Herring fishing industry representatives said a dumping incident in Deep Bay does not represent common fishing practice and claimed the quantity of discarded fish was exaggerated.
“Industry hired commercial divers to quantify the extent of the quantity disposed of,” reads a news release from Rob Morely, chair of the Herring Industry Advisory Board (HIAB). “While any fish being dumped is not tolerated, a claim of 45,000 fish being dumped is simply not true — the reality is about half a ton of fish, or less than 4,000 fish.”
Conservancy Hornby Island published a video showing the waste on the seafloor in Deep Bay Harbour on March 21 and Fisheries and Oceans Canada (DFO) is currently investigating the incident.
Morley said HIAB fully supports the DFO investigation and he believes it is important for the public to know the actions of one does not represent the industry as a whole.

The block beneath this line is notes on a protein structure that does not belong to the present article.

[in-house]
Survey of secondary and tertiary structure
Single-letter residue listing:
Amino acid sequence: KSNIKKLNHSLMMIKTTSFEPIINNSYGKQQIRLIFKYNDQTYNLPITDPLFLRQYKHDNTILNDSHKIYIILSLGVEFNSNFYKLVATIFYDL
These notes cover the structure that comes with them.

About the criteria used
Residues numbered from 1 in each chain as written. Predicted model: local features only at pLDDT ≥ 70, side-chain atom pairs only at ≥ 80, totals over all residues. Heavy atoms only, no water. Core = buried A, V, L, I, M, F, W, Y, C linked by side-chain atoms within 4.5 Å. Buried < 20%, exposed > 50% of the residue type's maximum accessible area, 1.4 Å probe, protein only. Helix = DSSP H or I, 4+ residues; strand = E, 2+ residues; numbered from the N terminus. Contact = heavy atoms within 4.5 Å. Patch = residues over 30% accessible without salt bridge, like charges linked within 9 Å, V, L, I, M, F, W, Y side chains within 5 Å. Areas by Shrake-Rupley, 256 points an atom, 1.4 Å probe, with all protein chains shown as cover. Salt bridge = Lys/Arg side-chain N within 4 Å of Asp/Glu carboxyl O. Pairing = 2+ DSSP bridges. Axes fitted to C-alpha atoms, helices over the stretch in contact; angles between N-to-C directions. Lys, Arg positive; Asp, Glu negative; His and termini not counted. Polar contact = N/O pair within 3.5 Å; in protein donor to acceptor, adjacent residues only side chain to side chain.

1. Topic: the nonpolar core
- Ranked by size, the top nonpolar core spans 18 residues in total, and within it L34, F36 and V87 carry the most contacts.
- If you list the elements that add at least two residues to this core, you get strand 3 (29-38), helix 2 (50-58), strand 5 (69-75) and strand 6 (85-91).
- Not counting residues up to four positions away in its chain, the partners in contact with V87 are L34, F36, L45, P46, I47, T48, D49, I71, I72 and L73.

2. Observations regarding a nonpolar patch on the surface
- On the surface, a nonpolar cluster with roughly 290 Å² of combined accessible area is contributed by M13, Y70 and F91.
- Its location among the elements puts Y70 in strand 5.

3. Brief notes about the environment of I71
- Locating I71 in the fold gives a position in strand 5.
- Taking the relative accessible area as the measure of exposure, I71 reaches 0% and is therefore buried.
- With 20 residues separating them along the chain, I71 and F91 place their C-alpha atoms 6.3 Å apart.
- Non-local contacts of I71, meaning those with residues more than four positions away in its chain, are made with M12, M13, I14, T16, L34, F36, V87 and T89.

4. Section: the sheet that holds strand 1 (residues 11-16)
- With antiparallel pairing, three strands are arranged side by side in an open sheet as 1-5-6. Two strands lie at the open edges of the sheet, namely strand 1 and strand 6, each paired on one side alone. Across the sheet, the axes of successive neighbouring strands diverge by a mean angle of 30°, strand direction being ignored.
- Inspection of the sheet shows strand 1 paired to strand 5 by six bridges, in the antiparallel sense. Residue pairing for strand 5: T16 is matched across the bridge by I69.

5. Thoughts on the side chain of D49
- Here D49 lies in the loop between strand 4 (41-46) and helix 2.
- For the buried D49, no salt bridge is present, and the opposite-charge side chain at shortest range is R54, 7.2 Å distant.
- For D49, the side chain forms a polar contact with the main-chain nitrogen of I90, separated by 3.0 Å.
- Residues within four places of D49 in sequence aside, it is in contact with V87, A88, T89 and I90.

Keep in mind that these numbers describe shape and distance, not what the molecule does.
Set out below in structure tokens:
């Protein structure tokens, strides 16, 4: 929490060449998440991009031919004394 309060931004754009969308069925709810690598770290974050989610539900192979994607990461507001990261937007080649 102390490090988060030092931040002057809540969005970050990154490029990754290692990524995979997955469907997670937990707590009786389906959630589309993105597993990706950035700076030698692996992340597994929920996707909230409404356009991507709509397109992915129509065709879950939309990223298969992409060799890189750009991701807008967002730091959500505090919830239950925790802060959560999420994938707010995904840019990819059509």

“It’s unfortunate that all it takes is this and we are all looked at as these evil rednecks that are out to kill every last herring,” said Josh Young, a gillnet representative on HIAB from Pender Harbour.
Conservancy Hornby Island said it received an anonymous email that said the dumping occurred after a packing vessel refused a load of herring, but Morely said the board is unaware of any packer refusing to buy fish.
“It is most likely that one or more gillnet fishers cleaned out a herring punt (skiff) and nets and instead of putting the small remaining catch onto a packer vessel, they disposed of the fish overboard,” he wrote.
Young said he does not know why the fishers would dispose of the herring the way they did.
“We are under the public eye all the time and it’s a struggle in all sorts of fisheries to keep going and it’s really disappointing that someone has done this, but also that the media has captured just that one side of the story and not really given us much of a chance to rebut,” he said.
The DFO said its investigation is ongoing and no further information has been released.